• The bombing of Nagasaki. The US initially intended to bomb the Japanese city of Kuroko, with the munitions factory as a target. On the day the US planned to attack, cloudy weather conditions prevented the factory from being seen by military personnel as they flew overhead. The airplane passed over the city three times before the pilots gave up. Locals huddled in shelters heard the hum of the airplane preparing to drop the nuclear bomb and prepared for their destruction. Except Kuroko was never bombed. Military personnel decided on Nagasaki as the target due to improved visibility. The implications of that split-second decision were monumental. We cannot even begin to comprehend how different history might have been if that day had not been cloudy. Kuroko is sometimes referred to as the luckiest city in Japan, and those who lived there during the war are still shaken by the near-miss.

  • The assassination of Archduke Franz Ferdinand. A little-known fact about the event considered to be the catalyst for both world wars is that it almost didn’t happen. On the 28th of June, 1914, a teenage Bosnian-Serb named Gavrilo Princip went to Sarajevo with two other nationalists to assassinate the Archduke. The initial assassination attempt failed; a bomb or grenade exploded beneath the car behind the Archduke’s and wounded its occupants. The route was supposed to have been changed after that, but the Archduke’s driver didn’t get the message. Had he actually taken the alternate route, Princip would not have been on the same street as the car and would not have had the chance to shoot the Archduke and his wife that day. Were it not for a failure of communication, both world wars might never have happened.

Through these examples, one may understand just how big and how small the concept of the butterfly effect really is. Some details may have been wildly unfitting to any other circumstances, but relevant to a singular purpose. We cannot predict what events occurring all across the world may lead up to a worldwide disaster in the future. They may be completely irrelevant, or they may be the first step in a thousand-step journey.

It truly fascinates me to compare such a broad concept to my own life, as you may be doing to your own. I often wonder about statements such as ‘What if (x event) had not happened in my life, would everything be different today?’. The truth is, yes it very possibly could change my entire fate. A small step taken in a different direction on a random day in my past could even risk my existence in the present. What if the day we went to school, like any other day, we decided to take a different route because of traffic or other circumstances? Would we run into a life-threatening accident or avoid one entirely?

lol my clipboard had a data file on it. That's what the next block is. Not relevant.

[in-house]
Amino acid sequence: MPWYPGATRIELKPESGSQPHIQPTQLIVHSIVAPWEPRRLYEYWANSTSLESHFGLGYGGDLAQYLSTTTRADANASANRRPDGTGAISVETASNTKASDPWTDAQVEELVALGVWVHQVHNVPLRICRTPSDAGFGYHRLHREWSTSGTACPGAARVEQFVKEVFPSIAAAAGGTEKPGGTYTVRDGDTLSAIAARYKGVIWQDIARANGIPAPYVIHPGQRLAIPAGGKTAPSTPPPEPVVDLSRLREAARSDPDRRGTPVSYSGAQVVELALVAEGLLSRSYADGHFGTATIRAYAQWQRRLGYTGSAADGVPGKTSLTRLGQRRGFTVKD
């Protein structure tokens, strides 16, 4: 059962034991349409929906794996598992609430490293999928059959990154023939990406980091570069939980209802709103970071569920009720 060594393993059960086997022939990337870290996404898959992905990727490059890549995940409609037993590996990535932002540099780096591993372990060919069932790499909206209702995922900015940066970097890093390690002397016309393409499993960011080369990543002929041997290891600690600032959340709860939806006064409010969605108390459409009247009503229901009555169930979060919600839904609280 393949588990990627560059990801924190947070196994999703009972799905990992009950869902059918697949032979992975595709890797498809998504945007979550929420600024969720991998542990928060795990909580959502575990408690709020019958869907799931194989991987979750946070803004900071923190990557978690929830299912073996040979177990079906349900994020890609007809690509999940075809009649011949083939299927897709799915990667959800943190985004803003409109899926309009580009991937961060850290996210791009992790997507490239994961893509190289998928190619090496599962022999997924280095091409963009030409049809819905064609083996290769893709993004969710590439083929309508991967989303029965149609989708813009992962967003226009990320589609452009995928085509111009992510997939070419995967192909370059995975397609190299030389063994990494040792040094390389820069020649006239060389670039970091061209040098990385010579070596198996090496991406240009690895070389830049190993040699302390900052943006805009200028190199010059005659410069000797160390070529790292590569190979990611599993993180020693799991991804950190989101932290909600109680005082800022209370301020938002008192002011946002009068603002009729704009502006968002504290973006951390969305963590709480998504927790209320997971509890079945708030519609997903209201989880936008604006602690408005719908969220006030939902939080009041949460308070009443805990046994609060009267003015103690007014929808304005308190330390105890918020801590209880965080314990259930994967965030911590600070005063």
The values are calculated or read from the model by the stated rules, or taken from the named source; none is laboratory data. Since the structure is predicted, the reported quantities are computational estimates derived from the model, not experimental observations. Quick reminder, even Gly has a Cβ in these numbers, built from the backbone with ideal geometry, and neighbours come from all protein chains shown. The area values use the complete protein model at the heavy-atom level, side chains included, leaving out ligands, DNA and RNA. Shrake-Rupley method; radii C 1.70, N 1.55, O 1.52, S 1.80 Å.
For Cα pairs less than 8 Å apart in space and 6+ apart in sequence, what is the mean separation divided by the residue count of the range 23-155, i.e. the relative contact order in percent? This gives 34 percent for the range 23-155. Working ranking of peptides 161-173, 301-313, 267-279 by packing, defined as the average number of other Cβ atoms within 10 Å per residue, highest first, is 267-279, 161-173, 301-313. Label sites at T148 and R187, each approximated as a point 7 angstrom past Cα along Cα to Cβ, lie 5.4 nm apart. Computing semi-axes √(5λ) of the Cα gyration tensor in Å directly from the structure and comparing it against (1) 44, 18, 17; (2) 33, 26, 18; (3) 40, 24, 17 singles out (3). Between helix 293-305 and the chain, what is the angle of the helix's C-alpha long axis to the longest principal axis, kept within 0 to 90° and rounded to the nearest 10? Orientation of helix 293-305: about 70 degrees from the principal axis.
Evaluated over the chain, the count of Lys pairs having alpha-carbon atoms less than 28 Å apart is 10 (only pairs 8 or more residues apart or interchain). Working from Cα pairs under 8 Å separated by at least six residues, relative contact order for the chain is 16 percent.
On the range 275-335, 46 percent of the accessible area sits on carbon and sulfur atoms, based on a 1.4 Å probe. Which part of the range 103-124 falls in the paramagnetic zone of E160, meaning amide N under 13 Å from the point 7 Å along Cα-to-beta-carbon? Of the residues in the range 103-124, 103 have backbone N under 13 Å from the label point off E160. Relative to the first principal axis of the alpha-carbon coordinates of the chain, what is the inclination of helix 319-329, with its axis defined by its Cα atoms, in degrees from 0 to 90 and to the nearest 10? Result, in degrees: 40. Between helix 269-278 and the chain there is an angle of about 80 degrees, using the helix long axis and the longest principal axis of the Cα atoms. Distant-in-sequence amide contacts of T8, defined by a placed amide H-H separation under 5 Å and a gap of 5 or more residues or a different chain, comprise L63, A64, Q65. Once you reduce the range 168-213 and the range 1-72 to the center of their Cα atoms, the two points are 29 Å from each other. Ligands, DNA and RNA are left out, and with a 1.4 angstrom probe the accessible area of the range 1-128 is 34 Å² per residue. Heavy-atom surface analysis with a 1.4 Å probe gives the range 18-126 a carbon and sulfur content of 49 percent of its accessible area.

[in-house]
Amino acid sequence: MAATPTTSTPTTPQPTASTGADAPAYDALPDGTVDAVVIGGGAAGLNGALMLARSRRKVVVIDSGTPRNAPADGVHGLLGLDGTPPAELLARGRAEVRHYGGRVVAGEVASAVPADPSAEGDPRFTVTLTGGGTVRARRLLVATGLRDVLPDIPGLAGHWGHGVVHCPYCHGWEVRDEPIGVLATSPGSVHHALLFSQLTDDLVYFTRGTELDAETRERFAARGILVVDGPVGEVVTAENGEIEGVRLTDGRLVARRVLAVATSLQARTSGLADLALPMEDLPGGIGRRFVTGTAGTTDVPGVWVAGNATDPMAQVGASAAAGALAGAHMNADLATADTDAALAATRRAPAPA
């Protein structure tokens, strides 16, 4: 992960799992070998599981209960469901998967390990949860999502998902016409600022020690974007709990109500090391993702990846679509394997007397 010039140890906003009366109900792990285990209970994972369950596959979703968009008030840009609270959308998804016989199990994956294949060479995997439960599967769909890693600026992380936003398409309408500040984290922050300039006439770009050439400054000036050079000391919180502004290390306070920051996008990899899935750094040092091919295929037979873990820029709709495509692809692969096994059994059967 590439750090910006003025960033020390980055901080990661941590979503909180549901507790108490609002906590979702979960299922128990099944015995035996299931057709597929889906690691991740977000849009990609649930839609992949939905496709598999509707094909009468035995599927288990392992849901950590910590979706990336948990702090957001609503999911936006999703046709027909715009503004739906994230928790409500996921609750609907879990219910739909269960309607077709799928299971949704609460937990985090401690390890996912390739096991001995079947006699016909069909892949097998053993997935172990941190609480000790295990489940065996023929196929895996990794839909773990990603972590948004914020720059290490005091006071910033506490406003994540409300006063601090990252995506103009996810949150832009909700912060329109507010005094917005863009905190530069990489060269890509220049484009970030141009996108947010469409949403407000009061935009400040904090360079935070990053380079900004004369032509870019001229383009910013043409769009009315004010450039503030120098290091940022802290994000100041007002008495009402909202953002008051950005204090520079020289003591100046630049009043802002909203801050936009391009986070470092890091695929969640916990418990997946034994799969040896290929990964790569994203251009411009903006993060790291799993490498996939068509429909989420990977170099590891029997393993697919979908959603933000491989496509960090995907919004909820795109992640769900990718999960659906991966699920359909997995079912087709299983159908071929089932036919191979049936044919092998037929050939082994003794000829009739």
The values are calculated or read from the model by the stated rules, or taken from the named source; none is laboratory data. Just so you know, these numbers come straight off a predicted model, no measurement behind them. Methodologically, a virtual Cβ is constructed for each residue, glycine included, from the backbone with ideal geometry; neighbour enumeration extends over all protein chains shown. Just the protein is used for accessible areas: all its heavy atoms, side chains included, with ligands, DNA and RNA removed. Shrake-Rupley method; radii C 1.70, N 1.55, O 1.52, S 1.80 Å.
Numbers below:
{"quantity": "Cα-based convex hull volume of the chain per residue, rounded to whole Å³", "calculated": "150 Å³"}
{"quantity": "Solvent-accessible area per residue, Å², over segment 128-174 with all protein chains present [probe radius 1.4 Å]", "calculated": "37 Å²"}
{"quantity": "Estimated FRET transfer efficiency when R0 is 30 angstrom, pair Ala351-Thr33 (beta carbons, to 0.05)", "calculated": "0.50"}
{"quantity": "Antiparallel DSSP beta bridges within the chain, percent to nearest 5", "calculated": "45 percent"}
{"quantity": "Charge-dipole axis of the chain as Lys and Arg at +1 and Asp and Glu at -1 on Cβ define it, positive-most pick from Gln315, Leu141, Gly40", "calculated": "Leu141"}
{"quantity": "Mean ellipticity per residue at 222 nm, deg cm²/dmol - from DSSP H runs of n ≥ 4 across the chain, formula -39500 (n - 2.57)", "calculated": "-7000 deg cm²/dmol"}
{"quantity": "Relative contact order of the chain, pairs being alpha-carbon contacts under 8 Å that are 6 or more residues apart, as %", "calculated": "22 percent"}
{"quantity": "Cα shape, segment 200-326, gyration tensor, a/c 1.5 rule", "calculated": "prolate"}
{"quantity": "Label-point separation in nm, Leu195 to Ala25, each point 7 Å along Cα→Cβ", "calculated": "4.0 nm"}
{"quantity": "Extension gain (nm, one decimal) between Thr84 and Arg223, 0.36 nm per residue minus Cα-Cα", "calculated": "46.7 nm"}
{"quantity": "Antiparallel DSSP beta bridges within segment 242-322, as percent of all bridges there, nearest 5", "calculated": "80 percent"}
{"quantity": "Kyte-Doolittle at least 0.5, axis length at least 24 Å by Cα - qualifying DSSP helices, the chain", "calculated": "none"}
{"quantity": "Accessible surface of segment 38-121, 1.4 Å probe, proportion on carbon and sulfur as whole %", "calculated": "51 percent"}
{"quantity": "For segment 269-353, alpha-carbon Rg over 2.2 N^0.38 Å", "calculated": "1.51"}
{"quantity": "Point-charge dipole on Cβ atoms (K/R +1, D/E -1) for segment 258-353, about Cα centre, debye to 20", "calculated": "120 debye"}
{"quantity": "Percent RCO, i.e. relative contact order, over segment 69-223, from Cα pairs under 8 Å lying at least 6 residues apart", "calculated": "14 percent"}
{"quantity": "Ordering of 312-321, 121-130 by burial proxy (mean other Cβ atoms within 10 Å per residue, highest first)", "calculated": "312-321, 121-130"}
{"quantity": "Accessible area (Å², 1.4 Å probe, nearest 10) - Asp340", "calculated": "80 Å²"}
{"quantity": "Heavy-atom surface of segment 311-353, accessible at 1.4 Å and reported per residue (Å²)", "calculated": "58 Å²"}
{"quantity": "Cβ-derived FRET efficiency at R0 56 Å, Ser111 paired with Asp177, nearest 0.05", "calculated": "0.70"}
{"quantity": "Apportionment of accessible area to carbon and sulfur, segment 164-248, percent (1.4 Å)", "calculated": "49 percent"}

Which leads me to the thought, how many times have our small decisions helped us avoid dire events like death or paralyzing accidents? How are we walking the earth with such naivety without knowing how many times we cheated an ill fate just because we took a small step in the opposite direction? These kinds of thoughts have you wondering whether you have some kind of guardian angel looking after you at all times, but even that cannot explain how we share good and bad events in our lives.

We can never know what fate had planned for us without us knowing. Maybe the misfortunes we have faced in the past could have easily been someone else’s to encounter. However, every tiny detail had a purpose. You are meant to be where you are right now, the way you may be reading this article and thinking the way that you are.

This article is being read by you, and that will also have an effect whether you’re aware of it or not. You might take away something after reading this or you may not. Whatever may happen, it will take its individual effect.

Or maybe it will have no effect at all.

The butterfly effect and the web of life is a terrifyingly beautiful concept to think about whenever you may remember it. However, it’s important not to get too lost in the ‘what if’s’ of life. Instead, use this information to your advantage.

Remember that your smallest actions can make or break your future, and take it lightheartedly along the way. Try to do your future self tiny favors from time to time. Go online and search up some articles for some brain-food and maybe, just maybe, it may help you save the world someday.

Thank you for letting me introduce you to the lovely little world of theories and philosophical ideals.


Natalia Abbasi is an in-house writer and editor at Perspective.